Search Images Maps Play YouTube News Gmail Drive More »
Sign in
Screen reader users: click this link for accessible mode. Accessible mode has the same essential features but works better with your reader.


  1. Advanced Patent Search
Publication numberUS3333588 A
Publication typeGrant
Publication dateAug 1, 1967
Filing dateJul 6, 1964
Priority dateJul 6, 1964
Publication numberUS 3333588 A, US 3333588A, US-A-3333588, US3333588 A, US3333588A
InventorsSchulte Rudolf R
Original AssigneeSchulte Rudolf R
Export CitationBiBTeX, EndNote, RefMan
External Links: USPTO, USPTO Assignment, Espacenet
Brain ventricle cannula
US 3333588 A
Abstract  available in
Previous page
Next page
Claims  available in
Description  (OCR text may contain errors)

1957 R. R. SCHULTE 3,3335

BRAIN IENTRICLE CANNULA Filed July 6, 1964 r. v INVENTOR K0004, R. SCHULTE United States Patent 3.333,588 BRAIN VENTRICLE CANNULA Rudolf R. Schulte, 3328 Calle Fresno, Santa Barbara, Calif. 93105 Filed July 6, 1964, Ser. No. 380,568

Claims. (Cl. 128-350) This invention relates to a ventricular cannula.

Ventricular punctures for the purpose of determining the composition and characteristics of fluid in the ventricles of the brain are well known. Punctures for this purpose are ordinarily carried out with a metal cannula. However, it is found that the repeated ventricular punctures which are required in order to carry out procedures over extended periods of time with these cannulas create numerous problems. For example, they can be the cause of porencephalic dilations at the site of the puncture tracts. In certain cases, as in any posterior fossa operative or postoperative ventricular decompression, it would be advantageous to have a cannula available which could remain in place for an extended period of time without causing mechanical trauma to the brain tissue other than that required for a one-time insertion thereof. It is an object of this invention to provide such a cannula, which can be inserted with least trauma to the tissue, and there remain in place to form a readily available access to the ventricles.

The insertion of metal cannulas is not particularly difficult, the only care required being that it be inserted in the correct direction and to the proper depth. However, these rigid metal cannulas are intended to be left in place for only a relatively short period of time. A device intended to be left for a significant period of time ought to be flexible, and this raises the problem of how to insert the device. It is another object of this invention to provide a means for inserting a flexible cannula into the ventricle of the brain whereby a flexible cannula may be left in place over an extended period of time.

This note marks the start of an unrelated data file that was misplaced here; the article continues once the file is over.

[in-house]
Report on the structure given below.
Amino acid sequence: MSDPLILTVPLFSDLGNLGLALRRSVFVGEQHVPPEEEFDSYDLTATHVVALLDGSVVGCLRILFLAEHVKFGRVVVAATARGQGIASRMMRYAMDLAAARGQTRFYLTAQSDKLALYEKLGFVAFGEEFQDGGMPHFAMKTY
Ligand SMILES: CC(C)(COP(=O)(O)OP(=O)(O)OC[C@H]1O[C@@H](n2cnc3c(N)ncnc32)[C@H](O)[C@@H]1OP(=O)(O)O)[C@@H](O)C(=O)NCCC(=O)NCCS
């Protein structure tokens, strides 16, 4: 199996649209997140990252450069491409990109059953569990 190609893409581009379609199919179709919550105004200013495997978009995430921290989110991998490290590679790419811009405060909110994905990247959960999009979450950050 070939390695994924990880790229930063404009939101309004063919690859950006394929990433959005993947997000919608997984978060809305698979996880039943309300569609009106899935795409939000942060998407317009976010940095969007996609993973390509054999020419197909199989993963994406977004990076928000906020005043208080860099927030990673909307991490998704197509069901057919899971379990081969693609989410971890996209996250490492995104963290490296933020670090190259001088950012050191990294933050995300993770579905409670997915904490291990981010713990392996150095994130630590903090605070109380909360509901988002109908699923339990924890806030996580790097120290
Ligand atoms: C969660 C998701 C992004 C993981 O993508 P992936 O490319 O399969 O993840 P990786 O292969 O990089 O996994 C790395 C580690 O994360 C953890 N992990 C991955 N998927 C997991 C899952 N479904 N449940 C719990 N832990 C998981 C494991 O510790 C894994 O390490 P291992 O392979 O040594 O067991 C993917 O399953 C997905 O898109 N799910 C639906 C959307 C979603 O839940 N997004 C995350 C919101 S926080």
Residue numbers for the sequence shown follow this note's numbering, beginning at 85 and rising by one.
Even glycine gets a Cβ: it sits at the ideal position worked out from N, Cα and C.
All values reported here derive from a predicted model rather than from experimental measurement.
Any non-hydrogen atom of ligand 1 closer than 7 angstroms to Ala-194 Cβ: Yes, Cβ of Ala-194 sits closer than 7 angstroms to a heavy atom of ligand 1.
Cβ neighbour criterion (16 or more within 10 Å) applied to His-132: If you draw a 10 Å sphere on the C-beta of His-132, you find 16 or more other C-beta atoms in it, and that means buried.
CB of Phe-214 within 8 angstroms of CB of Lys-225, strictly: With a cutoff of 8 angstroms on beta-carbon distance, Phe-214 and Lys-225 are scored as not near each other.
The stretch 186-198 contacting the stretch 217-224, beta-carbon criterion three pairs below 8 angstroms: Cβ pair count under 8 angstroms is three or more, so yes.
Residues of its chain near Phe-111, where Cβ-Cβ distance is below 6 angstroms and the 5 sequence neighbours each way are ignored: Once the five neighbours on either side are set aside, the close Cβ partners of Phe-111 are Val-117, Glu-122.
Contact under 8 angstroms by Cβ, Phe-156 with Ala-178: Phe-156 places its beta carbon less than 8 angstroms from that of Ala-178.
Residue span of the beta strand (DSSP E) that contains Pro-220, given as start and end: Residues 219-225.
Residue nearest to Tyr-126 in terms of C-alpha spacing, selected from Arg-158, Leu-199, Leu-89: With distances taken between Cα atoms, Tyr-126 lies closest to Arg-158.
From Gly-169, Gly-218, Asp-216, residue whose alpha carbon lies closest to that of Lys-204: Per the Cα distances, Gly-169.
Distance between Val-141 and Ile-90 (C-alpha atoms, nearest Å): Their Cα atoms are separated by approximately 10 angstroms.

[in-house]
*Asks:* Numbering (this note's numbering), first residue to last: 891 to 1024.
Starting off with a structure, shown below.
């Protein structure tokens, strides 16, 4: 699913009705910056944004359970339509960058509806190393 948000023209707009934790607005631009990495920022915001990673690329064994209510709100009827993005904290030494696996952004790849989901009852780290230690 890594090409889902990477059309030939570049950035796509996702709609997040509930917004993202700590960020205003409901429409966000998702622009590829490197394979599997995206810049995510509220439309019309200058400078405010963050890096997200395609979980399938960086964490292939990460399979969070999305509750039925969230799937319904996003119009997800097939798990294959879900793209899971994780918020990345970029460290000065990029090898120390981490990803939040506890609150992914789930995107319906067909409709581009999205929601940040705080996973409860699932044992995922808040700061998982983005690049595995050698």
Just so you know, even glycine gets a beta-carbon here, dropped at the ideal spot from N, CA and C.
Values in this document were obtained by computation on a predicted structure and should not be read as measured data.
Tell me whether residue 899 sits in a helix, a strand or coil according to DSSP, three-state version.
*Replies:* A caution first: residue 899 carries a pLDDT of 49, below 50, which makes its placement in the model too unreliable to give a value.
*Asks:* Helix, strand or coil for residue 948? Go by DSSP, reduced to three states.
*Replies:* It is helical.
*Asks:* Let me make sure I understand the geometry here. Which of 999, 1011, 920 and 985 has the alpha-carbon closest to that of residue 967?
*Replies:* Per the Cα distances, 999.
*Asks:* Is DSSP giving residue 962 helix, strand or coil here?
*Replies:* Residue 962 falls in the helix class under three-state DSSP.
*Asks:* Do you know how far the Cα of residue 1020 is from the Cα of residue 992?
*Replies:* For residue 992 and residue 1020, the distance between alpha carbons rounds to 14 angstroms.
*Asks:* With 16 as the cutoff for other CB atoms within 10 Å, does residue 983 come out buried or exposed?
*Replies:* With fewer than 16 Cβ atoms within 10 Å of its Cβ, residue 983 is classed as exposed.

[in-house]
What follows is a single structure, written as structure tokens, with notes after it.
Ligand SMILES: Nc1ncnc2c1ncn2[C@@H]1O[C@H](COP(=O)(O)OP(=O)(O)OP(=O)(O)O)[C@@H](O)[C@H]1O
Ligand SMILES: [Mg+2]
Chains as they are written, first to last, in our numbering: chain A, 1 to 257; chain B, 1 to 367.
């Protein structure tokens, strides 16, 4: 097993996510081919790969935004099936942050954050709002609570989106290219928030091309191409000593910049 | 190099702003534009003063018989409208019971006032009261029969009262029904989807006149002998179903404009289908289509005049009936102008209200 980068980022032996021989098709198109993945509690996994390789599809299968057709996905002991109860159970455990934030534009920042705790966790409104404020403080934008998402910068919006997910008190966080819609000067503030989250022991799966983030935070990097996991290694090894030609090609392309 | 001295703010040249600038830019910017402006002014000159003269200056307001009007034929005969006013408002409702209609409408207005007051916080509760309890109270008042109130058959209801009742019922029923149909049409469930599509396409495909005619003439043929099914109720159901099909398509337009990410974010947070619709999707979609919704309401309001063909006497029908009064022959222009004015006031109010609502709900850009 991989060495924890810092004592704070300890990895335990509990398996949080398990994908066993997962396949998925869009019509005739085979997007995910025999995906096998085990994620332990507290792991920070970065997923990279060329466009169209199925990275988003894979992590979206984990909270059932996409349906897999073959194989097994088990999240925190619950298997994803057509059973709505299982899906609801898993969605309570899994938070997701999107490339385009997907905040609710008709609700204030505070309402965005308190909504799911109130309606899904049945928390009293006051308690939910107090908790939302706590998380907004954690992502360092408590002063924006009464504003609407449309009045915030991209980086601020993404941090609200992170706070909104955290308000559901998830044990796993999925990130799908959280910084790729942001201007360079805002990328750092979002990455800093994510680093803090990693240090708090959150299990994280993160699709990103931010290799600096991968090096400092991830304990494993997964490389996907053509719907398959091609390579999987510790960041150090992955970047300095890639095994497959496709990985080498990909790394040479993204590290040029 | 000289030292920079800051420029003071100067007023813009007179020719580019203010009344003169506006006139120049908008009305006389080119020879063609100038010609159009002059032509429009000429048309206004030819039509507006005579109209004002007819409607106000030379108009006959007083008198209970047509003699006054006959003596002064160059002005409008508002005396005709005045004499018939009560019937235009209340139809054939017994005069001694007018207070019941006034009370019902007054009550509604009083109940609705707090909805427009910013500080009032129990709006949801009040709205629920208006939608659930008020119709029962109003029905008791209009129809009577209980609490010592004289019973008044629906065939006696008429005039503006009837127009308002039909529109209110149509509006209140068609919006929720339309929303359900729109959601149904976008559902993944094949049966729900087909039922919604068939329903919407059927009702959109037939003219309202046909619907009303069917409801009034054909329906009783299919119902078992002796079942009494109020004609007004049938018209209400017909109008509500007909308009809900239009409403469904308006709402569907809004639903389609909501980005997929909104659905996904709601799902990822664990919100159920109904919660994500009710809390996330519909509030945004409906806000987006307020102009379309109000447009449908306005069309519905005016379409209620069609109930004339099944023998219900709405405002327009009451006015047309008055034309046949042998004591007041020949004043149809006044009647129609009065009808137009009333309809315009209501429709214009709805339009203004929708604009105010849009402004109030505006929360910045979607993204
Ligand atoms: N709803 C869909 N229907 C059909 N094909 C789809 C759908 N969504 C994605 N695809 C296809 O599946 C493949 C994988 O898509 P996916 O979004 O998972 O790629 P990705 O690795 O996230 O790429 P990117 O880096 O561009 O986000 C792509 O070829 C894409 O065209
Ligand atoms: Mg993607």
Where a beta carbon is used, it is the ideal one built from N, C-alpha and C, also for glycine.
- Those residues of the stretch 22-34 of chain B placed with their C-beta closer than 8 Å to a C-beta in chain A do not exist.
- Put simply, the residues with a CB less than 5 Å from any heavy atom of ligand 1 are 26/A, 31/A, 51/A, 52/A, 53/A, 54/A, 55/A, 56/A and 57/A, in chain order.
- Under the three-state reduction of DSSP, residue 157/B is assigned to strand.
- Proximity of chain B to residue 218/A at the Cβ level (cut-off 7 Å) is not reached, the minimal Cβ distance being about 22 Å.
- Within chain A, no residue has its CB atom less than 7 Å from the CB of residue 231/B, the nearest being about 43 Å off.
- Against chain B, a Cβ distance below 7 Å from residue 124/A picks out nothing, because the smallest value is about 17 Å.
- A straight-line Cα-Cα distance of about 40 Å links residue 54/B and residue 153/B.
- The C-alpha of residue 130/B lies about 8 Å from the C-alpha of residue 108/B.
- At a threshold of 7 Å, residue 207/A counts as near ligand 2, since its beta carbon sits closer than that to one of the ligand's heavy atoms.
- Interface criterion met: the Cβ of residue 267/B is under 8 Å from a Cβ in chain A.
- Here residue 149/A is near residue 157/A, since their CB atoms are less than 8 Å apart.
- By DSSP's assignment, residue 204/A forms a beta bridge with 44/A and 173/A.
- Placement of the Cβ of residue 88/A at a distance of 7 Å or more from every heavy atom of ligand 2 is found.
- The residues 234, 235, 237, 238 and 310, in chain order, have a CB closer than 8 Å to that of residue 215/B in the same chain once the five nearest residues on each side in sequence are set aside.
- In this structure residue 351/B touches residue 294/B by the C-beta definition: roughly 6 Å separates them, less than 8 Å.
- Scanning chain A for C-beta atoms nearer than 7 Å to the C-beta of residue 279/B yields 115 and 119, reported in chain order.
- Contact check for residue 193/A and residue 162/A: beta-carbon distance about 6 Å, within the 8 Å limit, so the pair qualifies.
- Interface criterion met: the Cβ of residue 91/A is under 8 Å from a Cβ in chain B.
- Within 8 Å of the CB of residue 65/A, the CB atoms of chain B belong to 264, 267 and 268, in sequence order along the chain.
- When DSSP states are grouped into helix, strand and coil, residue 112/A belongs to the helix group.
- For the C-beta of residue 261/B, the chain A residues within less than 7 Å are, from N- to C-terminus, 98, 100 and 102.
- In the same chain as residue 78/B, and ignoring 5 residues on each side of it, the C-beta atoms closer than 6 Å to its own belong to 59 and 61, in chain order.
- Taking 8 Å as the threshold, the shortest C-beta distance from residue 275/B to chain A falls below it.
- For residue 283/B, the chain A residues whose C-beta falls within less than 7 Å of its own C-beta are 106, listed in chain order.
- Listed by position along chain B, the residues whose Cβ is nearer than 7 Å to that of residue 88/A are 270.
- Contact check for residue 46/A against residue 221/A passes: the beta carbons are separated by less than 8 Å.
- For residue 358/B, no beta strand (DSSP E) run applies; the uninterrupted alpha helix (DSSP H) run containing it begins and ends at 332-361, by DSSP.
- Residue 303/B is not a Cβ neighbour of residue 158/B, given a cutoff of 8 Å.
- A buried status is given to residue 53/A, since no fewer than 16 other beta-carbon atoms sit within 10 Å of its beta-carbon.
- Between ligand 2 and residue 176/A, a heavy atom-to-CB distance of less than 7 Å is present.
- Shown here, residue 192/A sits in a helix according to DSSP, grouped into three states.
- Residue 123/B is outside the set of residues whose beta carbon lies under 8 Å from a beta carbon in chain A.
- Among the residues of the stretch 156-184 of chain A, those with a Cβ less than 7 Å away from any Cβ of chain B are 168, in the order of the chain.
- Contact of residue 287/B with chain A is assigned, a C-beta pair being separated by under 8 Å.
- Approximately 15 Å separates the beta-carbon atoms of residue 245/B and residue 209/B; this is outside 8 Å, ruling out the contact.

A cannula according to this invention comprises a flexible tube which is made of material which physically and chemically is compatible with the tissues of the brain. This tube has an axis and a closed first end. There is a closed circumferential wall and an open second end, and an axial passage connecting the two ends. A perforation extends through the tube adjacent to the first end and connects the passage with the outside of the tube. A disk is provided which is integral with the tube adjacent to the second end thereof, and this disk may readily be stabilized in place, for example by suturing, so that a dressing can be applied over the disk afterward, which dressing itself will cause no discomfort to the patient, and neither will the cannula. A plug seat is formed in the disk surrounding the axil passage adjacent to the second end and a plug is supplied which is adapted to seat upon and seal with the plug seat so as to close the passage.

According to a preferred but optional feature of this invention, the first end of the tube is made radiopaque, whereby to be rendered visible to X-rays when in the brain.

According to still another preferred but optional feature of this invention, an integral strap joins the plug and the disk so that they do not become separated.

The above and other features of this invention will be fully understood from the following detailed description and the accompanying drawings in which:

FIG. 1 is a plan view partly in cutaway cross-section showing a device, according to the invention, installed in the brain;

FIG. 2 is an axial cross-section of the device in FIG. 1;

FIG. 3 is a left-hand end view of FIG. 2; and

FIG. 4 is a fragmentarycross-section showing the insertion technique for the cannula of FIG. 1.

FIG. 1 includes a fragmentary cross-section of a human head 10 wherein the scalp 11 has been parted, and a burr hole 12 drilled through the bony structure of the skull 13. Cannula 14 has been installed in the brain 15 with its first end standing in the lateral ventricle 16. The lateral ventricle contains fluids to be investigated or treated.

As can best be seen in FIGS. 1 and 2, the cannula includes a tube which has a central axis 17 and a passage 18. The tube extends between a closed first end 19 and an open second end 20. The tube is bounded by an axial circumferential wall 21 which terminates at the two ends. Adjacent to the first end there is a plurality of perforations 22 which interconnect the passage with the outside of the tube.